My interdisciplinary work concentrates on the Ebony woman, Gen-X leaning Millennials, and our hair. Social media and video-based tutorials have influenced many Millennial women to embrace natural representations of their ethnic hair. These young women have become pioneers of the Millennial Natural Hair Movement, an expanding and informed counterculture responding to painful trends that date back to the early twentieth century.
Here’s an example of a video she made depicting the kinds of tips that circulate on YouTube amongst Natural Hair vloggers (she gave it an artsier spin):
I think this is an expression of the paradigm for today — that the various mediums of novels, film, and online media are blending back and forth together and the line between fiction and non-fiction blurs more too.
Recently when April and I made our move to South LA this summer in our packing and unpacking I had the opportunity to go through the DVD collection I’d accumulated over the last 15 years and assess the titles that still had the most value to me. As we’ve discussed and you know I’ve written about, so many of the movies and filmmakers that I once loved as a nihilistic postmodern college leftist I now regard with varying levels of disdain, disgust, and embarrassment.
But these are ones that I continue to regard with affection, that I still return to, and that I think can offer inspiration for your growing team of counterculture crusaders looking to change the world with their art. Some of them I’m a little bit more critical of than I once was, but they all still have some usefulness in some capacity or another…
(Note: this is a version 1.0 of this list, future editions will incorporate newly discovered films and suggestions from readers…)
15. Everything you know about the social stratosphere is wrong…
College is nothing like high school. You understand this in theory, but have never experienced the kind of social freedom you will in college. There are no cliques. There is no lunch table. Welcome to the world of being an adult. For the first couple of weeks you’ll attend pre-arranged mixers, usually orientation events or annoying team-building activities your RA spent all summer training to lead. These awkward moments are helpful for one reason: Discovering who has a car. As a freshman, be aware that the parties you crash at frat houses aren’t for making friends, they’re for getting drunk and hooking up. You’ve been warned.
A few weeks ago I had the pleasure of reviewing Lisa de Pasquale’s memoir of life and love in Washington, DC, Finding Mr. Righteous. Her honest, sometimes funny and sometimes heartbreaking tell-all about dating life in the conservative world struck a few chords with me, so I asked her some follow-up questions. Keep reading to find out how she’s dealt with people trying to figure out who’s in the book, the current status of her dating life, and the latest steps in her spiritual journey.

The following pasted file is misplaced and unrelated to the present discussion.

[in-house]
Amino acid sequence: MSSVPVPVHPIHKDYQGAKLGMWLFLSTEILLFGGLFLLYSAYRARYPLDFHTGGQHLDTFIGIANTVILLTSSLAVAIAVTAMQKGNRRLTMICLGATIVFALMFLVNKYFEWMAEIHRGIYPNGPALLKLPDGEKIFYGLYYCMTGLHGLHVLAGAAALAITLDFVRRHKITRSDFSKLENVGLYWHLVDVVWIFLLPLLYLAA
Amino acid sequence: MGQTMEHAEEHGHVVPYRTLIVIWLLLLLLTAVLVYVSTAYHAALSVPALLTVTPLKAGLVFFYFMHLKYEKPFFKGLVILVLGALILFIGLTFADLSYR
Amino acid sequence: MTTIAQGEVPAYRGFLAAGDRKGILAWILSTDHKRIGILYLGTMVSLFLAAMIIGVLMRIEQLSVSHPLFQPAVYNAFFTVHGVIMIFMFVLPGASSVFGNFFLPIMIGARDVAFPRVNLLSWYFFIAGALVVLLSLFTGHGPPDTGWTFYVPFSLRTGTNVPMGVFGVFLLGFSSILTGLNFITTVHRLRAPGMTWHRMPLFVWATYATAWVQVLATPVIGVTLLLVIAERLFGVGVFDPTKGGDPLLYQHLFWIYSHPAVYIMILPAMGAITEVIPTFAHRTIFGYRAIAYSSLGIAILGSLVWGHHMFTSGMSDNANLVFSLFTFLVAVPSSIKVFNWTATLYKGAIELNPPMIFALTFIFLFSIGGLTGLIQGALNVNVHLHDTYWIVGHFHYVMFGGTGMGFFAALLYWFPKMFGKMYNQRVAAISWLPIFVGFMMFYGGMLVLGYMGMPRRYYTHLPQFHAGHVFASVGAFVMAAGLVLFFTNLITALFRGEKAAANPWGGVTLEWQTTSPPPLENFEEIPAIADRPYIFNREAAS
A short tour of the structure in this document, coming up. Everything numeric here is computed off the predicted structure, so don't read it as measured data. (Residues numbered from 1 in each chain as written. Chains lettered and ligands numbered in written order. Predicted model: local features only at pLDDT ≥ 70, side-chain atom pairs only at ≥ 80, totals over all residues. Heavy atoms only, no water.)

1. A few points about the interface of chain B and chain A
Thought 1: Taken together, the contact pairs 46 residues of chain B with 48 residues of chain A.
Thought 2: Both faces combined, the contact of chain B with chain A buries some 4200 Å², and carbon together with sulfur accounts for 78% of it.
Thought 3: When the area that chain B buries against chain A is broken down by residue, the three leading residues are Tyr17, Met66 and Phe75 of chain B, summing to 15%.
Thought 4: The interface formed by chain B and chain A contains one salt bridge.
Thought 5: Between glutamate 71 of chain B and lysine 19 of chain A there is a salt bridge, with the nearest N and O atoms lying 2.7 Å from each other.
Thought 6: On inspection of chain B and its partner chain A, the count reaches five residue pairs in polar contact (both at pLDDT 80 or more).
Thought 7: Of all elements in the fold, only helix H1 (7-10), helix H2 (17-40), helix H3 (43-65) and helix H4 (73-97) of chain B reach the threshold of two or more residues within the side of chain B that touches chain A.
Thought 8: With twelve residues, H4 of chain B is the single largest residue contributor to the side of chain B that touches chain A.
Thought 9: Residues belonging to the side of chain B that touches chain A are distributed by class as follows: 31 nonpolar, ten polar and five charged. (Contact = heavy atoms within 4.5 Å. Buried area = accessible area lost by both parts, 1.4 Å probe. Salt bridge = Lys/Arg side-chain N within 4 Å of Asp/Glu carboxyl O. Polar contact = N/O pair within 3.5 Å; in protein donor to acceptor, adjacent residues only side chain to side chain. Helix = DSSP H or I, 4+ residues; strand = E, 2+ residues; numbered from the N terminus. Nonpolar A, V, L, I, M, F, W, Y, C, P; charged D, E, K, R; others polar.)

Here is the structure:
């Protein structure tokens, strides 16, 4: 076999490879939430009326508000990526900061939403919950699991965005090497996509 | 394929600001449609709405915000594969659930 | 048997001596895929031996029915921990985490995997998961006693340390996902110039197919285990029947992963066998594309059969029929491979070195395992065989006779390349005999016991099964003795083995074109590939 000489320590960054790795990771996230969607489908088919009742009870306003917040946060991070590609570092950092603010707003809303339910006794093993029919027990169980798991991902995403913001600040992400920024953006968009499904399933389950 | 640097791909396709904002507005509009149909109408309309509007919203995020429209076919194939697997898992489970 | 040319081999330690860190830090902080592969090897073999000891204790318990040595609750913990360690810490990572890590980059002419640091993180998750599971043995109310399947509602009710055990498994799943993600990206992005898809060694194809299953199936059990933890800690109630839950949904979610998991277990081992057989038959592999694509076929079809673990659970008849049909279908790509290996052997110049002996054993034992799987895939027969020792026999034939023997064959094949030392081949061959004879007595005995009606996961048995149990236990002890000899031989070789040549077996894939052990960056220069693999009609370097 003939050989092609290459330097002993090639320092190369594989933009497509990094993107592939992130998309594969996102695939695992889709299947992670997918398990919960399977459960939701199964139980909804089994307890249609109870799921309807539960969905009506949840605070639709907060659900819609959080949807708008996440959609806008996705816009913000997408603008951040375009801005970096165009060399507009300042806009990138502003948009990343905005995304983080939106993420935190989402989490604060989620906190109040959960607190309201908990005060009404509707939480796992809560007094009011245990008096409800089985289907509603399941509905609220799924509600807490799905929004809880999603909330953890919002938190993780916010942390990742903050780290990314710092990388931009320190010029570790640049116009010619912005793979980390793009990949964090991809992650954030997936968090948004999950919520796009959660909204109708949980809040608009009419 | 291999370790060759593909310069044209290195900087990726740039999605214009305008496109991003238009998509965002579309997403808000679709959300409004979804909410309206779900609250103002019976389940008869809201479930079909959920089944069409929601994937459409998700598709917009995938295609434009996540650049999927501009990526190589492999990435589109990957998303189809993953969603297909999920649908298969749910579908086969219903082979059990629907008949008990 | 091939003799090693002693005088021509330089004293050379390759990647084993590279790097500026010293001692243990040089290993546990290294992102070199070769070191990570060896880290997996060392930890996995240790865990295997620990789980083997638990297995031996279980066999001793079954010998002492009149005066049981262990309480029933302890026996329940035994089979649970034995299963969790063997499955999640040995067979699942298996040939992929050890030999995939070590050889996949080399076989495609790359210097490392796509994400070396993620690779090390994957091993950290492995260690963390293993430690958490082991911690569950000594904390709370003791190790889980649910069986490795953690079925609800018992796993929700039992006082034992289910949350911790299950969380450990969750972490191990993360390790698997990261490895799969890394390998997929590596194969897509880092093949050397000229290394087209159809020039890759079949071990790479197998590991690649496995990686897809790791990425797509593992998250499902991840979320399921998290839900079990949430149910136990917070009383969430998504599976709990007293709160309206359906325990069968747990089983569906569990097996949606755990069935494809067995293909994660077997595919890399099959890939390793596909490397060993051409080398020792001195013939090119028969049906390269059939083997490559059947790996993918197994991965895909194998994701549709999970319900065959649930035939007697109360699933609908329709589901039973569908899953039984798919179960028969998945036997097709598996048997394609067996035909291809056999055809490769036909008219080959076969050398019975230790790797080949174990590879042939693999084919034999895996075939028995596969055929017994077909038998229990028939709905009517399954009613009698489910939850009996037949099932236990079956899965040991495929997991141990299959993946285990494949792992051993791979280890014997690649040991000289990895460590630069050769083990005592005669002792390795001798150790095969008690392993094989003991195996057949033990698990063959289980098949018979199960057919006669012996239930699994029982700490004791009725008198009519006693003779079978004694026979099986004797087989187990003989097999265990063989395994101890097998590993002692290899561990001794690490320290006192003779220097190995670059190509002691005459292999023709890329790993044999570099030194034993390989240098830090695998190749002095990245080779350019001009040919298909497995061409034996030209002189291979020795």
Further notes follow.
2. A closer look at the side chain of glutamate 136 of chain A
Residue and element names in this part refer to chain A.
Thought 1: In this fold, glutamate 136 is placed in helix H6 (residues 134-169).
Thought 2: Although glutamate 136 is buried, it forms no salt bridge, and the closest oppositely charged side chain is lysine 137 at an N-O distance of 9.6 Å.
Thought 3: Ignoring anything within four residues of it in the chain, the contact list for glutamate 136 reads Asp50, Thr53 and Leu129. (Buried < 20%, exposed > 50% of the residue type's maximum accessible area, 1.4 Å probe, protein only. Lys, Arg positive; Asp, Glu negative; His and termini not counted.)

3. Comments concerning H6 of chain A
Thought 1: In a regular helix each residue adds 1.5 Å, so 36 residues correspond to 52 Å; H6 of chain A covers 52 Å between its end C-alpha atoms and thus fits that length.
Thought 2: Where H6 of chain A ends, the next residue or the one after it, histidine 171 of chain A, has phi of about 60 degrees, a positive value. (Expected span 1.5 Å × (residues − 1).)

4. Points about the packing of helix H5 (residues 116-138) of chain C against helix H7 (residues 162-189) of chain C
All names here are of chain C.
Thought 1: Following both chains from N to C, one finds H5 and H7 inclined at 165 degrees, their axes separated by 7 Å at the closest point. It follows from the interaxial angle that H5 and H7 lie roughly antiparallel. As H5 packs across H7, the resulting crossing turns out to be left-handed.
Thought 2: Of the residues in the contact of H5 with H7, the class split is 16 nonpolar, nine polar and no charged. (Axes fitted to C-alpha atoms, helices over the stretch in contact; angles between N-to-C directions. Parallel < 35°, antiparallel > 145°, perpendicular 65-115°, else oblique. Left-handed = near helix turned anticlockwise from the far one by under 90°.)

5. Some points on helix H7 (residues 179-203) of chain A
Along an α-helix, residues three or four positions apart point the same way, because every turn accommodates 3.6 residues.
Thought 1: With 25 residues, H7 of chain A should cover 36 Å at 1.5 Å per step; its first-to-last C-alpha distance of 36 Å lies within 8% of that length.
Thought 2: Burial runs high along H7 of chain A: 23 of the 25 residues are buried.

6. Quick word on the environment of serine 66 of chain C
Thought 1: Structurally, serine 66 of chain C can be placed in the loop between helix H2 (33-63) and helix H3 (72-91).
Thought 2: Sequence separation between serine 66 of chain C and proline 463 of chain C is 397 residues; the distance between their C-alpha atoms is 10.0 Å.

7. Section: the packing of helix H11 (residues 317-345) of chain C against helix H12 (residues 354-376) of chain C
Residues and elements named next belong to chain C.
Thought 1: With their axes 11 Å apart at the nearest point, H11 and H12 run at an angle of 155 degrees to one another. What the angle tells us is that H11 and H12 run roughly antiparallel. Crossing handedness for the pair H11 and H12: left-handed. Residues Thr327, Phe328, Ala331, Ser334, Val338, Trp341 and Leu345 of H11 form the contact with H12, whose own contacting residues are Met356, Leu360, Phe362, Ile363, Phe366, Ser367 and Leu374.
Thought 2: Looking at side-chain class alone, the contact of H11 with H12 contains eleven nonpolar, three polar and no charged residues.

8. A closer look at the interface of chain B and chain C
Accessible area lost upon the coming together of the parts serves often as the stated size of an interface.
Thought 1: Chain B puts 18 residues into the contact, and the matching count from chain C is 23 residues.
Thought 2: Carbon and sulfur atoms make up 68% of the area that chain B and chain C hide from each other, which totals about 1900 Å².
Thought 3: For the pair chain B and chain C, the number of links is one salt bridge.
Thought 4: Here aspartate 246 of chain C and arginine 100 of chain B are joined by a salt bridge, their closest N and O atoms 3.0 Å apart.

Lesson #5: Everybody’s human. Very, very human.
I once heard a guy tell a story about a disastrous first date he went on. He was ultra-liberal, and didn’t realize the girl he’d asked out was a libertarian. They discovered their differences soon enough, and their debate was so fierce she left in tears. It didn’t end there, though; he followed up with links to articles and documentaries she had to see, to correct her point of view. She participated as well, sending him material from her own side. But it was clear there was no romantic possibility between the two of them — instead of finding love on a blind date, they found hate.
He asked, “What do you do? When you meet up with these DC vampires who are just dead set on destroying the world?”
I told him the first thing you do is stop denying their essential humanity by calling them monsters. Then, give them the benefit of the doubt by assuming they hold their views because they want to make the world a better place, too — or, at the very least, not because of some desire to burn it all down. I wish now I could have just given him a copy of Finding Mr. Righteous, the romantic memoir by conservative activist Lisa de Pasquale.
I was bored and restless the Wednesday I saw a friend post on Facebook that he knew a Ragnar Relay Race team that needed an extra member. That Friday, I was in a van full of camping equipment on my way into the mountains of West Virginia, wondering what the hell I’d just gotten myself into. I was about to break one of the cardinal rules my mother gave us in childhood: “If you can imagine William Shatner talking about it on Rescue 911, don’t do it.” My only comfort was that if I blogged about it, I might be able to write the trip off on my taxes as a business expense.